FROLF

Published by Katie Bamber on

Frisbee-golf; Intro’ed as a summer sport popular enough to rival biking in Whistler. NEW

If mountain biking leaves you exhilarated, covered in cuts and with a memory of your front tyre then Frolf will give you the perfect opposite.

18 holes takes a couple of hours and provides at the very least a route to take in views and be outside.

Socialising is at its core; it’s a game for everyone.

Everything counts; everything surrounding is involved.

Trees to knock into, hills to fall down… It’s all fair game.

That said, it’s not a dirty one.

So Frolf on a city course would have buildings, signs, people as obstacles.

If someone kindly throws a disc back to you or a dog runs off with it, that’s where you take it from.

Whistler in British Columbia is where I was broken in to the game.

The challenges were the treacherous terrain, discs rolling far down and away or dropping off a cliff.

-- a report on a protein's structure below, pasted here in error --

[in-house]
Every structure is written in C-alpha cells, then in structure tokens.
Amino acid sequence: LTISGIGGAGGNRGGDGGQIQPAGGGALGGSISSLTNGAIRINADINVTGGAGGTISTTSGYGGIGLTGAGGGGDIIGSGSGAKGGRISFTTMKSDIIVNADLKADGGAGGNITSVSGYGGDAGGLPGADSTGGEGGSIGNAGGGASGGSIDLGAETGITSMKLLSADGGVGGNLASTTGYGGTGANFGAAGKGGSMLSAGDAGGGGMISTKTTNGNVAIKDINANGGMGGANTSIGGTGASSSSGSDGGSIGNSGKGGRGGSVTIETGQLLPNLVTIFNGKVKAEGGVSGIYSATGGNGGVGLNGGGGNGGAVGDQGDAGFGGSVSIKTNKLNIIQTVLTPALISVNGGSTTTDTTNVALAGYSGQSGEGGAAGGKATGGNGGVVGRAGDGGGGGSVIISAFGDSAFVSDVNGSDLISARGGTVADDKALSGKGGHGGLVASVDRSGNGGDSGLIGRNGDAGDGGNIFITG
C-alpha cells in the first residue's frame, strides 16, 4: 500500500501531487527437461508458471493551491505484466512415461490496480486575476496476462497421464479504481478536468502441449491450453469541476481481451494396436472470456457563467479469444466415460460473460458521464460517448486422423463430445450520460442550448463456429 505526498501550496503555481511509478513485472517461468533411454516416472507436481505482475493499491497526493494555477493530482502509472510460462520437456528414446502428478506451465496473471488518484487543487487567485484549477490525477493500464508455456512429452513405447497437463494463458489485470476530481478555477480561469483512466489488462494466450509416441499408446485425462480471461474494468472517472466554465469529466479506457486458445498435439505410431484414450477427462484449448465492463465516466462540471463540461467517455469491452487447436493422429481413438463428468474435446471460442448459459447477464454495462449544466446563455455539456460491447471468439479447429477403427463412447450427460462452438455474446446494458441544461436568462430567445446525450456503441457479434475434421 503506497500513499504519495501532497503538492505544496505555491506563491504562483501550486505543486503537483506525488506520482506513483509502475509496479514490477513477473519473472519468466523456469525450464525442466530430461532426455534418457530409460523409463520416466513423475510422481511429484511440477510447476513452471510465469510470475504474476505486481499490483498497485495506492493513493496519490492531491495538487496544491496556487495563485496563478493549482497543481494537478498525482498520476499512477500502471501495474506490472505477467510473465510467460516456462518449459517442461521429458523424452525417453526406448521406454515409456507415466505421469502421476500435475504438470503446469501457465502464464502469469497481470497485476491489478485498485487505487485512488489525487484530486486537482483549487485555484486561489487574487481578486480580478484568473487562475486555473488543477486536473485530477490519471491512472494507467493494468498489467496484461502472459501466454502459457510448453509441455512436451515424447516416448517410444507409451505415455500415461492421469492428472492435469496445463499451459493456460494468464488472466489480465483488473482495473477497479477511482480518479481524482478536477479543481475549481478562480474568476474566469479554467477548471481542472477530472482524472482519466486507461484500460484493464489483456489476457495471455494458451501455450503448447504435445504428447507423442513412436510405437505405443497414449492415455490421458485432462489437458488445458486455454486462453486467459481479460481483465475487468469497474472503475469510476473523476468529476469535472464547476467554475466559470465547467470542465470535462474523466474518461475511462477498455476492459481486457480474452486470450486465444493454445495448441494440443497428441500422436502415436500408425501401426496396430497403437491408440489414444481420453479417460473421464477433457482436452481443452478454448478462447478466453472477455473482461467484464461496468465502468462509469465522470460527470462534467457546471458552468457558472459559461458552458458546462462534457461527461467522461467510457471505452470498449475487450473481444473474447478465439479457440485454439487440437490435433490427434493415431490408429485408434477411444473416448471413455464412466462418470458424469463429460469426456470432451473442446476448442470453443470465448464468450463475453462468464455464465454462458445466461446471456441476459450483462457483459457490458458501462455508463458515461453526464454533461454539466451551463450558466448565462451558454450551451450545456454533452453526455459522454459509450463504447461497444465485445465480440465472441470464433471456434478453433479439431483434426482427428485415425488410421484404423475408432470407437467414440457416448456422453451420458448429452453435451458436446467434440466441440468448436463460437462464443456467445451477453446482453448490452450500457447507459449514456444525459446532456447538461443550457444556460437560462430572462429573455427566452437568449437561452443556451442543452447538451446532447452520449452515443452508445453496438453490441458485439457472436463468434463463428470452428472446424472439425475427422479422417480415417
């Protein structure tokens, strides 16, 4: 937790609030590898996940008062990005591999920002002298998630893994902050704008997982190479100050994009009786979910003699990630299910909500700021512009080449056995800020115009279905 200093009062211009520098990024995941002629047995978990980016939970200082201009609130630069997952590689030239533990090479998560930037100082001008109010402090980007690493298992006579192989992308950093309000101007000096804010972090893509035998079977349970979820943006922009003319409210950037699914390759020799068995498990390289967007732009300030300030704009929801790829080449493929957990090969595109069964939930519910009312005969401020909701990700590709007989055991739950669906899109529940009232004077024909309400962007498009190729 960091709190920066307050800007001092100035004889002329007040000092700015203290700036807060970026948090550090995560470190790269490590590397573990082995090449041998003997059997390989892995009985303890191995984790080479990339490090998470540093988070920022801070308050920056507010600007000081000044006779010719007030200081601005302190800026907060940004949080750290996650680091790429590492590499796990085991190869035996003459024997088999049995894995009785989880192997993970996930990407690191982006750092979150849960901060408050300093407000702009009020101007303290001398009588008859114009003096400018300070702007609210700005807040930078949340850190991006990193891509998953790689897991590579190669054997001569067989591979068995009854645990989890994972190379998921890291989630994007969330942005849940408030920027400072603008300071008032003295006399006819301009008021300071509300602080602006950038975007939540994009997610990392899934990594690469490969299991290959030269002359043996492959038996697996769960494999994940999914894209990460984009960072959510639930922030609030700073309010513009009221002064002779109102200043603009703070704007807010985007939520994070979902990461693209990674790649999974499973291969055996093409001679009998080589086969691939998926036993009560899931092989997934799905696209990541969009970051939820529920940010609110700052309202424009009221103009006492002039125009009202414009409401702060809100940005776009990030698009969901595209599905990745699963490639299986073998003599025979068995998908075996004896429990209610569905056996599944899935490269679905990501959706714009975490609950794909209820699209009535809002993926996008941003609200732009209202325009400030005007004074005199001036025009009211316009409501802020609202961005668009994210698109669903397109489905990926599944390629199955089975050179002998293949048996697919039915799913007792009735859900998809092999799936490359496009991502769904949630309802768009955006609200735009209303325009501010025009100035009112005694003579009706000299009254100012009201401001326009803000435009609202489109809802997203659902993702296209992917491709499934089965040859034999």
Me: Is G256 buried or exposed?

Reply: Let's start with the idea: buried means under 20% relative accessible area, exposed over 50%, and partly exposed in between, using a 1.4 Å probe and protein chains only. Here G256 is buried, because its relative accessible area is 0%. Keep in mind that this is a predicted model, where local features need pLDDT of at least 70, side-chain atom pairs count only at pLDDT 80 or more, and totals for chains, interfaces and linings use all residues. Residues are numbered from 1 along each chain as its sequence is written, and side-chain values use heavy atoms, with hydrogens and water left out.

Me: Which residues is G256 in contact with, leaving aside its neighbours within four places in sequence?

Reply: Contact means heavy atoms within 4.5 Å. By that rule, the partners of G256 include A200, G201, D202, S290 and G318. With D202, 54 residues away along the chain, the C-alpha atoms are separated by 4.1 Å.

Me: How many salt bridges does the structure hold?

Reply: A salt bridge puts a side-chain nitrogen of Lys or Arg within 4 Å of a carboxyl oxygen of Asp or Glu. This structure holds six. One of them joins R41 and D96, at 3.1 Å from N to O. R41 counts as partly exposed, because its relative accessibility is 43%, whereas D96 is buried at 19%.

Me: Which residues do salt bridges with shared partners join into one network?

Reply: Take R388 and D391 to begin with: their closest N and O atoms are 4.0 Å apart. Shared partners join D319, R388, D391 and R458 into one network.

But after the first few holes the climbs get steeper, the basket-holes better hidden and the risk of disc loss more likely.

The perfect hangover ‘pursuit’ stepped up into a hike and forced recovery by hole 9.

The views were spectacular, the terrain we covered adventurous and the feeling it left you with was mellow.

So it’s pretty straightforward – wherever the disc lands, that’s where you play the next shot from.

Teeing off
Strategy talk

The Coast Mountain range was the perfect setting; wooded and rocky, so shaded but with good look out points.

Whistler’s course runs by the Lost Lake Park with 27 holes to play.

Broken into 9-hole sections, the middle lot are the most challenging, having to toss then follow your discs up (or down) steep rock and hillside.

Broken into 9-hole sections, the middle lot are the most challenging, having to toss then follow your discs up (or down) steep rock and hillside.

We saw barely anyone on the round, a couple of distant mountain bikers, and one man doing putting practice after a low game the day before.

I wouldn’t judge it a sport that warrants any serious or lonesome practice.

Looking for wayward discs takes up much of the playing time.

So, similar to golf in spirit, if a little lighter, and a good day off from mountain biking if you’re out in the hills.

Go do it: In Whistler – it’s free, uncrowded, rugged…

I can only throw a frisbee one way and still managed to keep up – but yes, well over par.

Where else do you get to finish a frolfing day with a swim like this
When in Whistler

Categories: BlogSummer

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